Day 10/35

Magnetic Termite Mounds

The plan for this morning is to go to Litchfield National Park that’s on the way back to Darwin. Had in mind that that’s very closeby, but it’s actually 230 kilometers away from here. I get a lead for a nice resort in the area, surrounded by wetlands with lots of birds. The owner of my hotel has been living there and her ex-husband still runs the resort today.

The sun rises at 06:30 and this is the moment I leave the hotel. I already know that I will arrive far too late in the park for good light, but there is nothing I can do about it. Barely one hour on my way I squash a large bird of pray to pieces. A couple of hundred meters in front of me I see a cadaver (probably a Wallaby) and around 7 or 8 large birds on top. These you see a lot out here. Not sure what they exactly are. Wingspan about a meter I guess. During the Yellow Water Cruise two of these birds were trying to rob the Sea Eagle of it’s catch.

The birds always get out of the way early on an approaching car. Birds of pray are particularly swift about it. The same this time. The whole flock lifts off well before I’m there. As I am getting closer, one of them appears to be still there. It gets in the air as an approaching car passes, but immediately lands again and tries to tear a chunk of meat from the pavement. I hear myself saying out loud ’Stupid bird’ and try to avoid hitting it by moving to the other track to the right of me but I can not make too abrupt movements with this speed (130). Especially with this car. For breaks it’s already too late. I hit the bird full with both left wheels and see a large clouds of feathers flying around in my back mirror. Luckily this is not half work, that bird just got a one-way ticket to the eternal hunting grounds. Damned. What a waste of such a wonderful bird. I guess it didn’t see me at all, blinded by that huge steak it thought taking.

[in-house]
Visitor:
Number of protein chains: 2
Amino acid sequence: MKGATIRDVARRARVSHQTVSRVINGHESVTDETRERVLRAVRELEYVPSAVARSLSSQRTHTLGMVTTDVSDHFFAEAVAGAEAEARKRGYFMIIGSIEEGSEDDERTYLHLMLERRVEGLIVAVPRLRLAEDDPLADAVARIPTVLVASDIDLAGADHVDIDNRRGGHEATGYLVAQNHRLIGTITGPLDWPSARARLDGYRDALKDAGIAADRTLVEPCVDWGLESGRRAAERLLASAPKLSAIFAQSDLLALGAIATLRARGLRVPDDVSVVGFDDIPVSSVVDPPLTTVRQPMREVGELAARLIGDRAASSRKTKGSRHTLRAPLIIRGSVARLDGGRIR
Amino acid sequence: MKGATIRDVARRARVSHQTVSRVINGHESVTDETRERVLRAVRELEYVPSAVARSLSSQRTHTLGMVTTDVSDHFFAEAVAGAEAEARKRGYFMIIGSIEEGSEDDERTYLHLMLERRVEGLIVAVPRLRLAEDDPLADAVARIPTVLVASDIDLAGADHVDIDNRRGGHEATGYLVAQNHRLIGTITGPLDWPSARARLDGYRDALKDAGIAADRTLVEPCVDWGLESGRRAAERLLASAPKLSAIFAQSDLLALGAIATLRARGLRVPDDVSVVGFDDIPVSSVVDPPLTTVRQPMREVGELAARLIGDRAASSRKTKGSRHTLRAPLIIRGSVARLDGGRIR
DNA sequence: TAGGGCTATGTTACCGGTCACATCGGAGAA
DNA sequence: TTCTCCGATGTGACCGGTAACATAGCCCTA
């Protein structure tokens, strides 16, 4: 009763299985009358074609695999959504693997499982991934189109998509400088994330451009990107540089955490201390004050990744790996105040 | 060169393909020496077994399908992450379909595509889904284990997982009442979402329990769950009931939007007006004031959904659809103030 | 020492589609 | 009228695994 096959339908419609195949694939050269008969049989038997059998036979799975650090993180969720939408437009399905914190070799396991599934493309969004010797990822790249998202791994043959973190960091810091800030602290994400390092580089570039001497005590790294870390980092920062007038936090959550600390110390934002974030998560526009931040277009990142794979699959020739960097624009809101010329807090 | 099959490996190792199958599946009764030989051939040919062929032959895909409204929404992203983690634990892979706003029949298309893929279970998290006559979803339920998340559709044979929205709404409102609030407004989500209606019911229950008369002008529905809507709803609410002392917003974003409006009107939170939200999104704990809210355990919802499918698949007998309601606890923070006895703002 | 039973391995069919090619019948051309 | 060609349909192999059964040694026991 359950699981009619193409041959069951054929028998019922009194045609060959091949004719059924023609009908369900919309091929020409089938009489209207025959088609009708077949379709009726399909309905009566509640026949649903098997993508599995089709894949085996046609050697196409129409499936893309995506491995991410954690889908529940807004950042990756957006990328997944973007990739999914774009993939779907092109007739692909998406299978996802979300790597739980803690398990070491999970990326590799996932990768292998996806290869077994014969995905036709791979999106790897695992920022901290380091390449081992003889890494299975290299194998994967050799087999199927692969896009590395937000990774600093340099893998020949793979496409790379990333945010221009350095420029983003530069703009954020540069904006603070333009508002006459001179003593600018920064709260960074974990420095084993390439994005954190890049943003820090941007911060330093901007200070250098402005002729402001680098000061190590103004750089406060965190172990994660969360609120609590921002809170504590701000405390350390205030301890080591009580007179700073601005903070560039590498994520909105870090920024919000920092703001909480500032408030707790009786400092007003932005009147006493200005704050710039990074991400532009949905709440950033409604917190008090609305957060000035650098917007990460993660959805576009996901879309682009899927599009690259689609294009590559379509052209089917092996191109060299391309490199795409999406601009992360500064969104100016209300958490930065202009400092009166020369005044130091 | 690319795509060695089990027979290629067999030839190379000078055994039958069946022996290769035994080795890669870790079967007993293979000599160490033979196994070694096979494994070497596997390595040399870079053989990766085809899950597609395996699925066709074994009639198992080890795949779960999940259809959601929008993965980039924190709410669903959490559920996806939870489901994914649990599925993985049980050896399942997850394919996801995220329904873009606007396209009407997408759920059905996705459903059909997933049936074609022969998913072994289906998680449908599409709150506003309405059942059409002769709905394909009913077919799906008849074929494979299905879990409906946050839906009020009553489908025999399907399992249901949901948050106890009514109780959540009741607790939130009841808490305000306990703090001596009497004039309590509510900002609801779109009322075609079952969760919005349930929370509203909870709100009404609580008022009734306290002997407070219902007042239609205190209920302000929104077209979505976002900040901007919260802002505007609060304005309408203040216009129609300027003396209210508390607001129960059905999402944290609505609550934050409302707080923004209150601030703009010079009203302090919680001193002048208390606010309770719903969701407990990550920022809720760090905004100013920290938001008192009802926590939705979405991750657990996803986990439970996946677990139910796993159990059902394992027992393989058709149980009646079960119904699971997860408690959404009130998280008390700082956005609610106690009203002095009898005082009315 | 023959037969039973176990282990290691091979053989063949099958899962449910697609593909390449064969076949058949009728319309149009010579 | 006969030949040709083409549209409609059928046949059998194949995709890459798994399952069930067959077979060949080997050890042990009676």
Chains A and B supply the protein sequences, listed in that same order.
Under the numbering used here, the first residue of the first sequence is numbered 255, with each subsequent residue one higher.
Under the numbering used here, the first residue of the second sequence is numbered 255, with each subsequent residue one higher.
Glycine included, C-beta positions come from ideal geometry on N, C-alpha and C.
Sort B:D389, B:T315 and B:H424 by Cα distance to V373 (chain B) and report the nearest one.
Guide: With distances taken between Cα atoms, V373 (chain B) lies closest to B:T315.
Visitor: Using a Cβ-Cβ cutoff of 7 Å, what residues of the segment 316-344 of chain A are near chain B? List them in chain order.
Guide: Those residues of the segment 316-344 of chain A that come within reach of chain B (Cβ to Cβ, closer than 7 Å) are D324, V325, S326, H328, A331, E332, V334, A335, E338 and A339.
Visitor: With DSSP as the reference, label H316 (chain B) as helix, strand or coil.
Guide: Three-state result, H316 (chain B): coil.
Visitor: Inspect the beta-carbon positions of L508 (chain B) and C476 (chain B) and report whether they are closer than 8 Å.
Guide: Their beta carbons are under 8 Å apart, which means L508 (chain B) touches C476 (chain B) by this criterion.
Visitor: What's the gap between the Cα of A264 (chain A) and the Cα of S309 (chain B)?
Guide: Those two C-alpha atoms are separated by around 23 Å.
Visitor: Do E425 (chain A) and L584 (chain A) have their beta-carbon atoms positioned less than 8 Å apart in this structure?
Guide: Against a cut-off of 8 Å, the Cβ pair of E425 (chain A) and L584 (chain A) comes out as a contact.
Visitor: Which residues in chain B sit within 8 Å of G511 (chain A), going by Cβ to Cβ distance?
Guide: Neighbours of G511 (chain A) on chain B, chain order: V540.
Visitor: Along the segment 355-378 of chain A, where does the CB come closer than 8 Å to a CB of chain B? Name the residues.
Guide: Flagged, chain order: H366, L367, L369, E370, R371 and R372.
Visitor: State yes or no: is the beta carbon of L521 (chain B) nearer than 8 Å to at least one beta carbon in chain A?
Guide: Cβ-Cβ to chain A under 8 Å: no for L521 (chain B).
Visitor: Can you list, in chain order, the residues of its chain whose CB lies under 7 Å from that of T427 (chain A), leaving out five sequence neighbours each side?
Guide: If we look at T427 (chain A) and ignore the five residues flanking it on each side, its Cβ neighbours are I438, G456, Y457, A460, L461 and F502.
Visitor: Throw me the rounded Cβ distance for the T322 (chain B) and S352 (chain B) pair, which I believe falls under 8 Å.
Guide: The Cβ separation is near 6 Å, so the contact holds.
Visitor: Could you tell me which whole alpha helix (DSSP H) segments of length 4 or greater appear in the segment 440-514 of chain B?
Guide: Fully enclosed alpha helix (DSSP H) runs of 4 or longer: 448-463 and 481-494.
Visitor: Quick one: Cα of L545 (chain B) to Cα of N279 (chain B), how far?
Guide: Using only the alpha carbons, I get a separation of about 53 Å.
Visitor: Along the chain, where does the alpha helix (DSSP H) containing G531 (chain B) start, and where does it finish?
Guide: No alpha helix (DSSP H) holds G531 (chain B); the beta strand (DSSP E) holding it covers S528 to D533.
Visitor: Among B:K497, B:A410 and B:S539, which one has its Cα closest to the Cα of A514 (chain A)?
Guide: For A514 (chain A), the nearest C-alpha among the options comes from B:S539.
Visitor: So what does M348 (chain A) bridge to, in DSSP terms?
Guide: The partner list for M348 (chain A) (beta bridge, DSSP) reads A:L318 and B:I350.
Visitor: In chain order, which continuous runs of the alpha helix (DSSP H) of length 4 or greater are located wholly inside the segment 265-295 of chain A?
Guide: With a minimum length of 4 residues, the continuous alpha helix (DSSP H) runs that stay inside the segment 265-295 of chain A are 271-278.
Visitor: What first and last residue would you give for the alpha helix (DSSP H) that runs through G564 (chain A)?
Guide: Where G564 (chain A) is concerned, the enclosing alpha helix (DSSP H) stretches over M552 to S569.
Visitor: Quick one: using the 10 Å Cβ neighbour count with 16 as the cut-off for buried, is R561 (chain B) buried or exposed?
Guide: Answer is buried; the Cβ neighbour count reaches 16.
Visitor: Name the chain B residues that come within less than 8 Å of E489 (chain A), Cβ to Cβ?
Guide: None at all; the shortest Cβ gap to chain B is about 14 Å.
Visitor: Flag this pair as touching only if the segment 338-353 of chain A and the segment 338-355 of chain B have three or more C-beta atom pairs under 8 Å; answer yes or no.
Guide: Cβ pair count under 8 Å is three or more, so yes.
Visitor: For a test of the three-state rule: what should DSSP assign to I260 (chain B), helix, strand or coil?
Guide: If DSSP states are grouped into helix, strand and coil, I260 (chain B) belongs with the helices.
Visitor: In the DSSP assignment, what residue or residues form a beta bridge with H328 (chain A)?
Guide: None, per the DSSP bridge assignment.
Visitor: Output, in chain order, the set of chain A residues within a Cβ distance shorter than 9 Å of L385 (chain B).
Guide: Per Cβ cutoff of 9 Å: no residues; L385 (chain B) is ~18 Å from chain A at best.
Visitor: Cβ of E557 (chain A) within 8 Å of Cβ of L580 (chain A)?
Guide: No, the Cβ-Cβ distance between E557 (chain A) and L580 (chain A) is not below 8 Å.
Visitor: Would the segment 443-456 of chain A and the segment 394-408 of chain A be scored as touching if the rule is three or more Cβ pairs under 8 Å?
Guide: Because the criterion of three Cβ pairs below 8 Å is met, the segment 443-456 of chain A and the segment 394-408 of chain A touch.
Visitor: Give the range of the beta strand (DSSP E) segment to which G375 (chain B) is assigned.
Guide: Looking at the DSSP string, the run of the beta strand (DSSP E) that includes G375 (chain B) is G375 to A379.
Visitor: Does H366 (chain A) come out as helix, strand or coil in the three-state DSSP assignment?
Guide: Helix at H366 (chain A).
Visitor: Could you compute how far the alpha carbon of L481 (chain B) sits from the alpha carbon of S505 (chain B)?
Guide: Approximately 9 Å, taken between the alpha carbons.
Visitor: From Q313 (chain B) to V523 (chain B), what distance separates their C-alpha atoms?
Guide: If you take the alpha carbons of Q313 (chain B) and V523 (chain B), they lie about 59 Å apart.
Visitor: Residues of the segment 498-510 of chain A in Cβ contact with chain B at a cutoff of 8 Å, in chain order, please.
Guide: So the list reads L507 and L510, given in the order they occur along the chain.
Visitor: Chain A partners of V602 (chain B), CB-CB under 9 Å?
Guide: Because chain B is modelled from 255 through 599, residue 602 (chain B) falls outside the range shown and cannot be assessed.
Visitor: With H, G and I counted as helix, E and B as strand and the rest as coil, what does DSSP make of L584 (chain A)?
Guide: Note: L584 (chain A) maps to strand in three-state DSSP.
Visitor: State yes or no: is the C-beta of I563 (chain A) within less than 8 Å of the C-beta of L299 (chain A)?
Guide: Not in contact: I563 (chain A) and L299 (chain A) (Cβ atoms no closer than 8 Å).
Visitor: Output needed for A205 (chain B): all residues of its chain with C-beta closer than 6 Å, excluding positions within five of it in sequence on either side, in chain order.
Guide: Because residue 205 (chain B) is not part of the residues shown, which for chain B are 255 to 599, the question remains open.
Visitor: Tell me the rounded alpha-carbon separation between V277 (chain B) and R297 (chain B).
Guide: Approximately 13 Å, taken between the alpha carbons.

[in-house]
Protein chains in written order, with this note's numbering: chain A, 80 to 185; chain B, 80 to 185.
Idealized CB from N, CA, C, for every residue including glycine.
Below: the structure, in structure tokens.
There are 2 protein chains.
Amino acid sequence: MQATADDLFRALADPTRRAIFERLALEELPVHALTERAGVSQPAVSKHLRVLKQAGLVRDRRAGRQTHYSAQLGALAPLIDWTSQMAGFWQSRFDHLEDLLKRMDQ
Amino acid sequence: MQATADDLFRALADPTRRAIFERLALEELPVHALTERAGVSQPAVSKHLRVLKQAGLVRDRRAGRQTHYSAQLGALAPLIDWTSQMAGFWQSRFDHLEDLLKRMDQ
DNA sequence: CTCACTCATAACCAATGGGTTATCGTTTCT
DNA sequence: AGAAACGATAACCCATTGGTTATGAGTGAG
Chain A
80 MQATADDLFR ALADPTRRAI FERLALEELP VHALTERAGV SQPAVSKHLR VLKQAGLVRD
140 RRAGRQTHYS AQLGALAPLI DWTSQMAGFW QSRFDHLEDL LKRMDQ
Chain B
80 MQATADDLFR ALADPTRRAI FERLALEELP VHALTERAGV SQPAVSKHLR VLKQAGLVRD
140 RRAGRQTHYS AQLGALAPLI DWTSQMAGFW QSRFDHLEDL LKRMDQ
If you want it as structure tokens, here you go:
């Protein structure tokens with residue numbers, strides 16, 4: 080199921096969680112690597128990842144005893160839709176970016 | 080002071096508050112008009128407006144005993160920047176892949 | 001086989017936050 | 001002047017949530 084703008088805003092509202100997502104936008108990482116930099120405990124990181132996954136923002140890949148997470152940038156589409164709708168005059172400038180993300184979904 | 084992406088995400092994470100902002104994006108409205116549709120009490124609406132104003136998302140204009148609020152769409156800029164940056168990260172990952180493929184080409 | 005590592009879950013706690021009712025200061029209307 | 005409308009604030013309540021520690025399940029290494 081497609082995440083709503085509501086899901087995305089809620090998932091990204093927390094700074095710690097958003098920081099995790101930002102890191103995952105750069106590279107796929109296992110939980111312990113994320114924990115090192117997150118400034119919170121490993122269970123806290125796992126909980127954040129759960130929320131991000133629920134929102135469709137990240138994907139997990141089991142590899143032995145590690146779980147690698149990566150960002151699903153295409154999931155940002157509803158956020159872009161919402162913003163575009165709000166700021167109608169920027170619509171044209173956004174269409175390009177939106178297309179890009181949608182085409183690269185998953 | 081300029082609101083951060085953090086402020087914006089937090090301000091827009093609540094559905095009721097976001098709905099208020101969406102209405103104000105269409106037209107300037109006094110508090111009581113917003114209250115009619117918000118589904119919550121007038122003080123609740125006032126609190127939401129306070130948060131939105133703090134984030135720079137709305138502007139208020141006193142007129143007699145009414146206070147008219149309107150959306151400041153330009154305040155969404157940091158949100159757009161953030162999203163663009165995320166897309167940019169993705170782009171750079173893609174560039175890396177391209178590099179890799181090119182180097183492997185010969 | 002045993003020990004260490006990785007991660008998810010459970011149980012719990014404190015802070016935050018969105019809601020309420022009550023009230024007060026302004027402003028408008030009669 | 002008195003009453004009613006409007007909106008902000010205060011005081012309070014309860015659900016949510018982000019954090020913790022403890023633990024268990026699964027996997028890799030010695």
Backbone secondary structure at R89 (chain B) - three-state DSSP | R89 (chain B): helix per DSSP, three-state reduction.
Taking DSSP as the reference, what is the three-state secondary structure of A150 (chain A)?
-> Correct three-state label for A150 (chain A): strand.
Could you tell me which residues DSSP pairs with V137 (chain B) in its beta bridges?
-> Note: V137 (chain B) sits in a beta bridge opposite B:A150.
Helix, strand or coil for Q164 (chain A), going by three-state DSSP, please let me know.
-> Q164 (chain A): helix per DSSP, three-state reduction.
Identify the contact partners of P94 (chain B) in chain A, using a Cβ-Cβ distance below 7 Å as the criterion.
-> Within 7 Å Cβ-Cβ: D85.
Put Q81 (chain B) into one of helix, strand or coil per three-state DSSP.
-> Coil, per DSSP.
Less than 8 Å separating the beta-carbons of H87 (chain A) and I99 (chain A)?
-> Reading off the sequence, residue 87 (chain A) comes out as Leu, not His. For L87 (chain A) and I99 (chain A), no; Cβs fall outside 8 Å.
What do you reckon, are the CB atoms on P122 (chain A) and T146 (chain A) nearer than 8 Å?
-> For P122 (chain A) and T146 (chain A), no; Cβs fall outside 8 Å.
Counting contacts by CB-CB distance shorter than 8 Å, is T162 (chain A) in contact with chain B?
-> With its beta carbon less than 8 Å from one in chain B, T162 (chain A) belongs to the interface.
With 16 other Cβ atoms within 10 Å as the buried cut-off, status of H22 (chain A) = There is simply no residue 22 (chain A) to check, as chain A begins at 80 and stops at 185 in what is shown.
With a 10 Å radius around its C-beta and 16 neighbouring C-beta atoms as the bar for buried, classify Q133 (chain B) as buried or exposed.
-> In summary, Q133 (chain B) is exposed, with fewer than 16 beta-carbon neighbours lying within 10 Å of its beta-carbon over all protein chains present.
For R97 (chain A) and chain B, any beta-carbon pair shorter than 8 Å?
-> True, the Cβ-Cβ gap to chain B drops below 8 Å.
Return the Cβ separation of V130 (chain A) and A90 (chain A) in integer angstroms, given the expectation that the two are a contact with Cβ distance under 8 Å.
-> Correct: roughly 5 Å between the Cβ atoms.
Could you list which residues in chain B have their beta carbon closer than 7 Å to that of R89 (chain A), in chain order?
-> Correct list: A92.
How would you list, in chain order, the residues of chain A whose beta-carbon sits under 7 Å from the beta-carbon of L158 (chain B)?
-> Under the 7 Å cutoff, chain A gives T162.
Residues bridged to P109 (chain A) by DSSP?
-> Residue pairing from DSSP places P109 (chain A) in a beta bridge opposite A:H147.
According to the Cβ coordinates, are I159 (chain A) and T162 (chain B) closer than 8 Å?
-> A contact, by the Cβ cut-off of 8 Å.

A while later, I arrive in Litchfield National Park. The first attraction is a field with large termite mounds oriented in north-south direction, giving them the name ’Magnetic Termite Mounds’. Has something to do with sun heat based climate control inside the mound. Didn’t dive into it sofar.

It’s clear that Litchfield is located only one hour away from Darwin. Everywhere signs with ’Watch your stuff’ and busses full with people that are loaded and discharged. Not my cup of tea. Photographing is a real disaster with all those people. I am waiting on a wooden walkway until it doesn’t move for a few seconds, but they all trample by and there is not a single moment that all of them are standing still. Weird actually now I’m forced to observe this behaviour. They all look so nervous. Just like they see things better by constantly moving. Well, after a quarter of an hour I can finally shoot my pictures and I leave it with that. The light is not great at all.

Magnetische Termiethopen

Magnetische Termiethopen

It’s like a graveyard.

Magnetische Termiethopen